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Initiative Q and Popularity

Initiative Q is personally one of the most interesting events to pop up in recent months.

It is the only example I’ve seen personally, where direct-benefit effects have caused an idea to emerge so quickly. Many services across the industry offer referral bonuses to their customers. For example, if you’ve recently purchased a Tesla car, you can refer new customers. Once these new customers purchase cars, you now receive extra benefits, such as Tesla credit for accessories or new gadgets. In a similar yet different manner, Initiative Q relies on referrals to become popular. However, instead of customers needing to pay up $60,000+ initially, and convincing their friends to the same, customers in Initiative Q need to ‘sell’ their real name and email- two personal details that are very easily obtainable in our online world, and very easily given away. We use our email and name for a variety of services in every imaginable situation, so much so that giving it out has become second nature. For those services we deem fake or potentially malicious, we’ll have a fake name with a burner email, so any potential spam behavior will aggregate to the secondary email.

Another blog post stated that an attractive characteristic about Initiative Q is it’s “invite-only” feature- which brings up the power of belief. An idea like this really needs two key ingredients to spread. One- belief in direct-benefit effects, and two- a potential payoff greater than the cost. When entering the Initiative Q website and signing up, the platform tells you right away that the more people that use the platform, the more of a chance you have to strike it rich. In the article above, founder Saar Wilf outright states that it will only work if enough people join in.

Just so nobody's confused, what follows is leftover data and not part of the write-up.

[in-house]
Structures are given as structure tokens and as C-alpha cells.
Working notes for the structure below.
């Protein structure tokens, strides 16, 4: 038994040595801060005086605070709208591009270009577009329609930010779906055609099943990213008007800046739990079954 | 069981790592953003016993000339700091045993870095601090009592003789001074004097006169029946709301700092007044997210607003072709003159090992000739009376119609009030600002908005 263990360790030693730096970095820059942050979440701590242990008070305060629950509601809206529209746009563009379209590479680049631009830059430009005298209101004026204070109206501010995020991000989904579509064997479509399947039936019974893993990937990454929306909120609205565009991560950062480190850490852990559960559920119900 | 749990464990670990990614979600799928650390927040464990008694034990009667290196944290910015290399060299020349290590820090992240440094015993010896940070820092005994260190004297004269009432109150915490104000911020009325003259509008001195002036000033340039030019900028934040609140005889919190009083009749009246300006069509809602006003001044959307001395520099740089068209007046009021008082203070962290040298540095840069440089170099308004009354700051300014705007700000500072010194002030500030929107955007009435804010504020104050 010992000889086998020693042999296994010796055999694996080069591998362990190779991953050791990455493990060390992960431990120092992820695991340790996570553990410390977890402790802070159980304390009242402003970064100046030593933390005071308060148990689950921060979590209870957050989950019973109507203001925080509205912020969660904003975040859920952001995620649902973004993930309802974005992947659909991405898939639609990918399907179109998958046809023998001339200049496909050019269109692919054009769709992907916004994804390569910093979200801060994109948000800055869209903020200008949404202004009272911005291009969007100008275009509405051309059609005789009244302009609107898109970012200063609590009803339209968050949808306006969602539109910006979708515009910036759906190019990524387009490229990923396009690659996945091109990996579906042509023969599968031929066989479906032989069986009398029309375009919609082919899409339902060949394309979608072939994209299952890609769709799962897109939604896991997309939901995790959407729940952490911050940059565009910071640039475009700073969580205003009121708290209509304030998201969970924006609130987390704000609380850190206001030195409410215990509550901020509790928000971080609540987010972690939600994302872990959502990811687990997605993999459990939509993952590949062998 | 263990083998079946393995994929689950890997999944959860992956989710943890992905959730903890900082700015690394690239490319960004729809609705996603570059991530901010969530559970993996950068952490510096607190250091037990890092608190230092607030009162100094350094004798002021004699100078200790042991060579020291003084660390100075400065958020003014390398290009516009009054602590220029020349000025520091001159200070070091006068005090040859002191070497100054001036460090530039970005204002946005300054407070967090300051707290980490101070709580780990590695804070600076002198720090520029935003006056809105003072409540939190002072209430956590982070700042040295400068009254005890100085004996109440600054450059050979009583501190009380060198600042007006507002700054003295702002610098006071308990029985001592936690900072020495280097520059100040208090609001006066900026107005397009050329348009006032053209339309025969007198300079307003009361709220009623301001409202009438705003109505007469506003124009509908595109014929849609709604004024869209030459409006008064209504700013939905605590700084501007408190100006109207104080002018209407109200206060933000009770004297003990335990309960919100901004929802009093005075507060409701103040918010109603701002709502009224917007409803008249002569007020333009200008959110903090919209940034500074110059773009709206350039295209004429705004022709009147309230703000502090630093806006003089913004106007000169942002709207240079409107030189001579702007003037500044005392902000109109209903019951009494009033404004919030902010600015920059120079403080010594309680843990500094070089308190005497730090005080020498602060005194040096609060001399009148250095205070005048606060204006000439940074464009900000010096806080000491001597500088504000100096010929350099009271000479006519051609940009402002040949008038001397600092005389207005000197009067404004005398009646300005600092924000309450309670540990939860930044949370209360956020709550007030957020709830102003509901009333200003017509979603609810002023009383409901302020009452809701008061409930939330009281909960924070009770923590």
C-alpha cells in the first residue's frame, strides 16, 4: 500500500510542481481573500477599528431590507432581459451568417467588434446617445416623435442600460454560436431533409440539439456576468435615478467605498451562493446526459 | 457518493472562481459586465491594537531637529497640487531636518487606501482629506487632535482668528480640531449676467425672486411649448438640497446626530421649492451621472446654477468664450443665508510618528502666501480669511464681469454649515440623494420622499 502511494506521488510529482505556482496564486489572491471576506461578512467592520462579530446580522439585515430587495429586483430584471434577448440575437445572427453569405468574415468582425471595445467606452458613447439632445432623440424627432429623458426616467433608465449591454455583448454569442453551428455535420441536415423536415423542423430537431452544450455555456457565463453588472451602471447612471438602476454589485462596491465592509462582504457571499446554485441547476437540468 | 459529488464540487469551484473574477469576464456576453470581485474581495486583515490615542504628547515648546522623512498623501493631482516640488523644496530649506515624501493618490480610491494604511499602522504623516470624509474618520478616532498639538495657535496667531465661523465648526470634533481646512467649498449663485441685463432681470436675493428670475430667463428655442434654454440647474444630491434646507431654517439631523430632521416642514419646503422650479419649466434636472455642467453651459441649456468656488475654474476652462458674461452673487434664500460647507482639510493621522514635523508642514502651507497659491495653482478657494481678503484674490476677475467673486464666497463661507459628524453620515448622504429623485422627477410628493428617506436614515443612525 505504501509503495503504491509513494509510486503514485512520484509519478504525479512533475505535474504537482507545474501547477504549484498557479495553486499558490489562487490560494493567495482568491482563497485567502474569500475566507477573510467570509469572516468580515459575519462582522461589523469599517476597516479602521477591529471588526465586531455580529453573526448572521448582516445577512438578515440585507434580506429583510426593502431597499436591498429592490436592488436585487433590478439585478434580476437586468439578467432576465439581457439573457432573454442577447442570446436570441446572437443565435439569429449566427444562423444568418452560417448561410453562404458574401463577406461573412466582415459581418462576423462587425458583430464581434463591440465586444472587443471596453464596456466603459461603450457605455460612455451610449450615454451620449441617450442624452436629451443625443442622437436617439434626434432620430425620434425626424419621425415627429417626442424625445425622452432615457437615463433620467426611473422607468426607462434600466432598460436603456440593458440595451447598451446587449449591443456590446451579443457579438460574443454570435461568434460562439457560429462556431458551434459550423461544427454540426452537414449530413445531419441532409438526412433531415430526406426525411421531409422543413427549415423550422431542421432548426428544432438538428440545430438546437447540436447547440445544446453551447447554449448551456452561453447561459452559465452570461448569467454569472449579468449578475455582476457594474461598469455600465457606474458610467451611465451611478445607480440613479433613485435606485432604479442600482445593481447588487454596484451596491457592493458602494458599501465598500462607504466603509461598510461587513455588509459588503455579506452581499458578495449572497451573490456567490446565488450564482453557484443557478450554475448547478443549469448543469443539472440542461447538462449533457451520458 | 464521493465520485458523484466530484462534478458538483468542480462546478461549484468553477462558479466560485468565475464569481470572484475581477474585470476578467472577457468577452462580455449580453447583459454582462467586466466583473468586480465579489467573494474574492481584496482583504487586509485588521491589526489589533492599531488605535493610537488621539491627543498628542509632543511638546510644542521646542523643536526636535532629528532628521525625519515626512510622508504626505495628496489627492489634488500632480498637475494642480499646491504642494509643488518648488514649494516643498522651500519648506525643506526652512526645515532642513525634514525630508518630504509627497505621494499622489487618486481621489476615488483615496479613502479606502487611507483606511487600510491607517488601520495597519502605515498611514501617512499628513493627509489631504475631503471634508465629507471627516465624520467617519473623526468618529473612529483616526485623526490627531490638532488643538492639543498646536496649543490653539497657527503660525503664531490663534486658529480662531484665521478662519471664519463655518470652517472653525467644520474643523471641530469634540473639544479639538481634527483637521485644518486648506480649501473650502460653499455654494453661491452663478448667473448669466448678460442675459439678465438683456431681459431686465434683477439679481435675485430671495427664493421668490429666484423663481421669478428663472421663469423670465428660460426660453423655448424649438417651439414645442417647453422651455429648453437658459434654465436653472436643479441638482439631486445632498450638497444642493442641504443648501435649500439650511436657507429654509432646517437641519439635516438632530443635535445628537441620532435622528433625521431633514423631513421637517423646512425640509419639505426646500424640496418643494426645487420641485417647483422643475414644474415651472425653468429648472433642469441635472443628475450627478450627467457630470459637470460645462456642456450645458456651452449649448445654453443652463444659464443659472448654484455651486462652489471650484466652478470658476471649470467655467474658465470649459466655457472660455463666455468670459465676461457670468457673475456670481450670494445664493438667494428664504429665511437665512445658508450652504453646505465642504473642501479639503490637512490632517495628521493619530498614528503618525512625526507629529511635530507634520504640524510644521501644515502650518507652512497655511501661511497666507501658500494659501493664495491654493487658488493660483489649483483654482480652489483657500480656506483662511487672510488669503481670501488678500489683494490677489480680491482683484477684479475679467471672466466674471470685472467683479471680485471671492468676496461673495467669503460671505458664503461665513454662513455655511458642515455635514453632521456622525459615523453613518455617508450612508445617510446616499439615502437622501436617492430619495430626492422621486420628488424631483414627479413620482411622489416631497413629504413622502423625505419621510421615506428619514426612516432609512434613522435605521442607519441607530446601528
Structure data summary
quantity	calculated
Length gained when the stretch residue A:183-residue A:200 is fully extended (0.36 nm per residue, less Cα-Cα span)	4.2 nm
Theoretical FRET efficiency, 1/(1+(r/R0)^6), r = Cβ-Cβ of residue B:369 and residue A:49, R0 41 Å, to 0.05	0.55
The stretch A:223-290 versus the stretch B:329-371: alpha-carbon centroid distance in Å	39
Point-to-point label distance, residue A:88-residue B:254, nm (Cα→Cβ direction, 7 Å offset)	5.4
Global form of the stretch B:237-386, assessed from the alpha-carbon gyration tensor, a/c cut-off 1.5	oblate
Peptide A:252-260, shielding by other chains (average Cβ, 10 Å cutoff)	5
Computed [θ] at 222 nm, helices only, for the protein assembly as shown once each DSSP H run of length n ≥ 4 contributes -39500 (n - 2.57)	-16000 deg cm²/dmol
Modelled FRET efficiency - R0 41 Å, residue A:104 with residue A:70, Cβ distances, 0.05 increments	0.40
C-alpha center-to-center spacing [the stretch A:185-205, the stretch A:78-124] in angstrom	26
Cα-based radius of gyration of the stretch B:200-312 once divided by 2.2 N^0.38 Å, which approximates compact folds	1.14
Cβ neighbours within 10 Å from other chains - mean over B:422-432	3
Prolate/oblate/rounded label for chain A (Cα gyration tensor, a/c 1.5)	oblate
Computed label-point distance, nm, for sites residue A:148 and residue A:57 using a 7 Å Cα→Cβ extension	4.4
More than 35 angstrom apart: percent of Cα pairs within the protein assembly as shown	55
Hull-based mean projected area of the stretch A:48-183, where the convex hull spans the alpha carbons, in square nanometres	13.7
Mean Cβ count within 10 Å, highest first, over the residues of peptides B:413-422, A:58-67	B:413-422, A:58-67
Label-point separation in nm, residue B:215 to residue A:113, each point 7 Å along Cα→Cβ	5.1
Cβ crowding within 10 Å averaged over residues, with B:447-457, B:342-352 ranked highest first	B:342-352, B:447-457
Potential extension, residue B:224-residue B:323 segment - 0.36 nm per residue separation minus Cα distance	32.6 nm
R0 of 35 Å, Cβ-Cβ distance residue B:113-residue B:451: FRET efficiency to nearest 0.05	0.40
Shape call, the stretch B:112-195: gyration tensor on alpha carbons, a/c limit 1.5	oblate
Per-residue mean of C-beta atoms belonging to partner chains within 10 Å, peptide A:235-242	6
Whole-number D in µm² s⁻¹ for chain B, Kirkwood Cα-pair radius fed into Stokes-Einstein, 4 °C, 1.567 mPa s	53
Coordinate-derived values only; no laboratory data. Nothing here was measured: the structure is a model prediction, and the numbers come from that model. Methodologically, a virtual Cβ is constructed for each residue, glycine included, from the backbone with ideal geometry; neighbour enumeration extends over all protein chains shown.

My experience with Initiative Q starts with my older brother. A few years ago, my older brother spoke to me about some cryptocurrency known as Stellar. He asked me to sign up, I asked him questions about cryptocurrency, and he answered with some complex ideas I did not understand at all. But, I believed in him and signed up, which eventually gave me a great payoff, for minimal cost. Similarly, he came up once again and sent me an invite for Initiative Q, and I once again signed up. He obtained a referral benefit of virtual currency that may not mean anything later, and I obtained virtual ‘currency’ for signing up. I was then greeted with the option of sending five more referrals out to gain more currency.

My cost for not sending forward referrals was potential money if the plan succeeded. My cost for sending referrals would be the five minutes it took to send out invites. Minimal cost for potentially high return- it’s no wonder so many have taken the deal. Having someone in your connections sign up comes off as an indication that you should sign up. Many will not read what Initiative Q is or what it’s aims are, or if it is just a scam. They see potential free money, and that their neighbor or friend signed up for it. With the usage of information cascades and potential direct-benefit effects, the platform has become very popular. Whether or not that popularity will translate into profit, that is a question for the future.




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